Zack Vayda and the Delusion of Independence
If every person in the world could be categorized as primarily logically minded or primarily emotionally minded, I would be the poster child for the former. This is in no way a boast; in fact, I now would consider it more of a negative than a positive (see the Emotional Intelligence blog series). But I didn't always consider it a negative. For the longest time, I thought it was the only way.
Logically minded people spend a lot of time in their own heads. They can carry on full conversations with themselves (mentally or out loud), they can reason with themselves, they can keep themselves company. If you're having a conversation with someone and they stop mid-sentence to gaze off into the distance, chances are you're talking to a logically minded person. Having a brain that works this way can have its benefits, but there are some serious pitfalls to be aware of. The most dangerous and possibly most common pitfall is having a false sense of independence.
It's easy to understand why logically minded people can get to this point of view. "If I can effectively create dialogues to come up with solutions and keep myself company, I must not need other people." This is a tempting way to see the world because it means you don't have to be vulnerable to other people. You don't have to rely on them for support, you don't have to go to others for potentially incorrect answers to problems, you don't have to worry about getting hurt by others. From this perspective, the safest and most efficient life is independence.
But here's the problem: there is no such thing as independence. I depended on my mother to give me life in infancy, I depended on my parents and other guardians to teach me how to see the world and my part in it, I depended on every one of my educators to give me the knowledge to communicate effectively in this life. Every book I read, every podcast I listen to, every interaction I have is under the umbrella of dependence. And those are just the abstract thoughts. On top of all that, I depend on others to supply the markets with food, I depend on others to build the shelters I live in, I depend on others to create the clothes on my back. There is no such thing as independence because every person is a sum of their dependent experiences.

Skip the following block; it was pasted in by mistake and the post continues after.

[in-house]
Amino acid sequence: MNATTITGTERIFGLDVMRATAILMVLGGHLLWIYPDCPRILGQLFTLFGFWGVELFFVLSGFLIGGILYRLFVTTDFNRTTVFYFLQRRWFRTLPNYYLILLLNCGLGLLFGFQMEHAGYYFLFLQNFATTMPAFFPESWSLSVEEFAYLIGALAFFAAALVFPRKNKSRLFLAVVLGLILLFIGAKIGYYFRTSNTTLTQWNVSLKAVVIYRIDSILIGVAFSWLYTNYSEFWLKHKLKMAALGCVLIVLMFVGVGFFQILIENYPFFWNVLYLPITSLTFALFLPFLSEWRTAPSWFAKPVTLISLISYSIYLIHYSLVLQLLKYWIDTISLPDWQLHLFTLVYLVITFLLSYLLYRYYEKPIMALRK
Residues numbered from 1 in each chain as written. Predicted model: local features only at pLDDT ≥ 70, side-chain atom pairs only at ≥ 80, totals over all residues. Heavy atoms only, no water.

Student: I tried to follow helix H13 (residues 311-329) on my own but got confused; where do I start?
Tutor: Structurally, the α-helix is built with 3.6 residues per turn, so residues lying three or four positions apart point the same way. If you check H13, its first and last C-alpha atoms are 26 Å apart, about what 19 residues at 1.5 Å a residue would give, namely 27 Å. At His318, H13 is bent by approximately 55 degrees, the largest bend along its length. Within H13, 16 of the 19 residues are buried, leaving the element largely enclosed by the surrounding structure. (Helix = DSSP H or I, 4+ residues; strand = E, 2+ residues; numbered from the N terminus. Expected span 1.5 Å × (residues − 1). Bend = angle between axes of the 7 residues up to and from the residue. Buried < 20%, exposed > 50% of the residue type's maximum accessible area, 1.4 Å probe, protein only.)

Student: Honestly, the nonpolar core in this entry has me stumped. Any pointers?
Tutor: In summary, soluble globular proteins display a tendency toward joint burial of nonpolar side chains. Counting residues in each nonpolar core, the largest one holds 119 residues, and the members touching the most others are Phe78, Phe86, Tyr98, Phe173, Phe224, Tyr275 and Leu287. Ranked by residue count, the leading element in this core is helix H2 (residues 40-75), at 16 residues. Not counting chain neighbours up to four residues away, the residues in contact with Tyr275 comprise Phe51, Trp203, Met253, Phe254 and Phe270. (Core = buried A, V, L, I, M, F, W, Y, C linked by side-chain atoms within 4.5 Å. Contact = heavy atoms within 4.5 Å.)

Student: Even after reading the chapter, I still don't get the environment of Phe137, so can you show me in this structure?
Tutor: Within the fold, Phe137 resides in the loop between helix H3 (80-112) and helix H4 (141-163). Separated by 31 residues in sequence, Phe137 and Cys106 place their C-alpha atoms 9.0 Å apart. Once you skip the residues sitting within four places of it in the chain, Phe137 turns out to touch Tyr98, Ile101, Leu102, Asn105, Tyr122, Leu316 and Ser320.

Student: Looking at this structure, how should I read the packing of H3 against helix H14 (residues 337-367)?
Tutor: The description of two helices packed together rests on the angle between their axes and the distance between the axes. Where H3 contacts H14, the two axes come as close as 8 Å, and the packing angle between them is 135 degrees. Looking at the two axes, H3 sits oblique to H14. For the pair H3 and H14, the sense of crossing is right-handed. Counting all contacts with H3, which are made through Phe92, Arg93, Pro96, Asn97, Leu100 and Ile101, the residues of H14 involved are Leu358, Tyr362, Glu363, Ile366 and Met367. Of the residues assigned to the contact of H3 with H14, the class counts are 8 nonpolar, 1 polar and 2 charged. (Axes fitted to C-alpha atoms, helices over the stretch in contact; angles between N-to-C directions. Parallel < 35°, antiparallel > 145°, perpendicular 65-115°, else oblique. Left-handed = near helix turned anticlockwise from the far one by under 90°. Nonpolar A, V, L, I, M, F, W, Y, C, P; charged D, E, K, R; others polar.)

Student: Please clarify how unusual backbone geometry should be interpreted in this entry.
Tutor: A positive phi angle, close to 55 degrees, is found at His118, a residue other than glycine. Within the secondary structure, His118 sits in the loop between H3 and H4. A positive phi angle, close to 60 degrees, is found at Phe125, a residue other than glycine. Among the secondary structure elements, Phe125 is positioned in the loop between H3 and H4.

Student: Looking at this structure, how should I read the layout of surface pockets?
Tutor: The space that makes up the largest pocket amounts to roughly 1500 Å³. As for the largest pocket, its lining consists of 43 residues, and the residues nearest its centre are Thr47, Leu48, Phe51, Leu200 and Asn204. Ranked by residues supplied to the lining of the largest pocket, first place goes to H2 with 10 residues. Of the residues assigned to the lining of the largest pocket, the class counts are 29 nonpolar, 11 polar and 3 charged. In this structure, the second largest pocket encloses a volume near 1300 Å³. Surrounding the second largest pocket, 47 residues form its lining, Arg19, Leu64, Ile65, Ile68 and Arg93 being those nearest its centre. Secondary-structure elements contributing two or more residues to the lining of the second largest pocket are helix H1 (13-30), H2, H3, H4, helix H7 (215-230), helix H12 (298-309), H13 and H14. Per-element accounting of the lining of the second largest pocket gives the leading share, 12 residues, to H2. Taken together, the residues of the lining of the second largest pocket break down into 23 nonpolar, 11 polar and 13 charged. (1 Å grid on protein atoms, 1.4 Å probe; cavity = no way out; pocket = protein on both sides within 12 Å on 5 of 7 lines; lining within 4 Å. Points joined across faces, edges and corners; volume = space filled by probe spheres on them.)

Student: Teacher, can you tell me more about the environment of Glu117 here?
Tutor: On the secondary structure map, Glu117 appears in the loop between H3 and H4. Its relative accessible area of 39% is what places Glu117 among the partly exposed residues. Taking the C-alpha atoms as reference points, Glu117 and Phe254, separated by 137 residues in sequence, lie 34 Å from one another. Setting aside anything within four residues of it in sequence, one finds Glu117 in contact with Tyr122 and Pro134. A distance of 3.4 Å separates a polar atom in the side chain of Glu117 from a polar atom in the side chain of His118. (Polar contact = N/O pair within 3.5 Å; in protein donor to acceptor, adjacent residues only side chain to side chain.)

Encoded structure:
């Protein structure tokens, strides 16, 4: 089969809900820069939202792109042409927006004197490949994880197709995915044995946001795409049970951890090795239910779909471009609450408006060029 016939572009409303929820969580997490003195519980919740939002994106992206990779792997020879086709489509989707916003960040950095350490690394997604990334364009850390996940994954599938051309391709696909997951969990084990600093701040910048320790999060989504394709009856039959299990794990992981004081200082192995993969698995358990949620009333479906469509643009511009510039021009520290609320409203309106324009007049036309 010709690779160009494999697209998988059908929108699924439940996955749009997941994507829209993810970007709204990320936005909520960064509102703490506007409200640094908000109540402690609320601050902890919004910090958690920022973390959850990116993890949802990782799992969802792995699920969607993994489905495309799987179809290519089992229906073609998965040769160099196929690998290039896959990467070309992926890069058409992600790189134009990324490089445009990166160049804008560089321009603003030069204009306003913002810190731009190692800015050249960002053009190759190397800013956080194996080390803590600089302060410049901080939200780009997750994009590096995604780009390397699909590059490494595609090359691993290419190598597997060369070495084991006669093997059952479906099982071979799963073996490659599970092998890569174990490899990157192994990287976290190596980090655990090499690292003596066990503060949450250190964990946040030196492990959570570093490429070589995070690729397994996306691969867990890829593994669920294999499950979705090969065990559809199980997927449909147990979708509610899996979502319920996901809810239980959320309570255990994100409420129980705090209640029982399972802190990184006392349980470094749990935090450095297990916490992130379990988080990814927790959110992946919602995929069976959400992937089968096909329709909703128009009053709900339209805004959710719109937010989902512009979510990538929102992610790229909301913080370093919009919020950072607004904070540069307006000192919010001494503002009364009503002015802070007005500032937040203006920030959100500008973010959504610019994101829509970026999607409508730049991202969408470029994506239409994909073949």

If this is true, if we are all the cumulative knowledge of the people around us, that would mean dependency on others is the same as growth, progression and knowledge. The more we rely on others, the more we grow, and the more we grow, the closer we get to the ultimate goal: interdependence. Coincidentally, recognition of our dependency is what gives us something even better than independence.
Because I'm a logically minded person:
Independence + Lack of Growth = Dependence
Dependence + Growth = Interdependence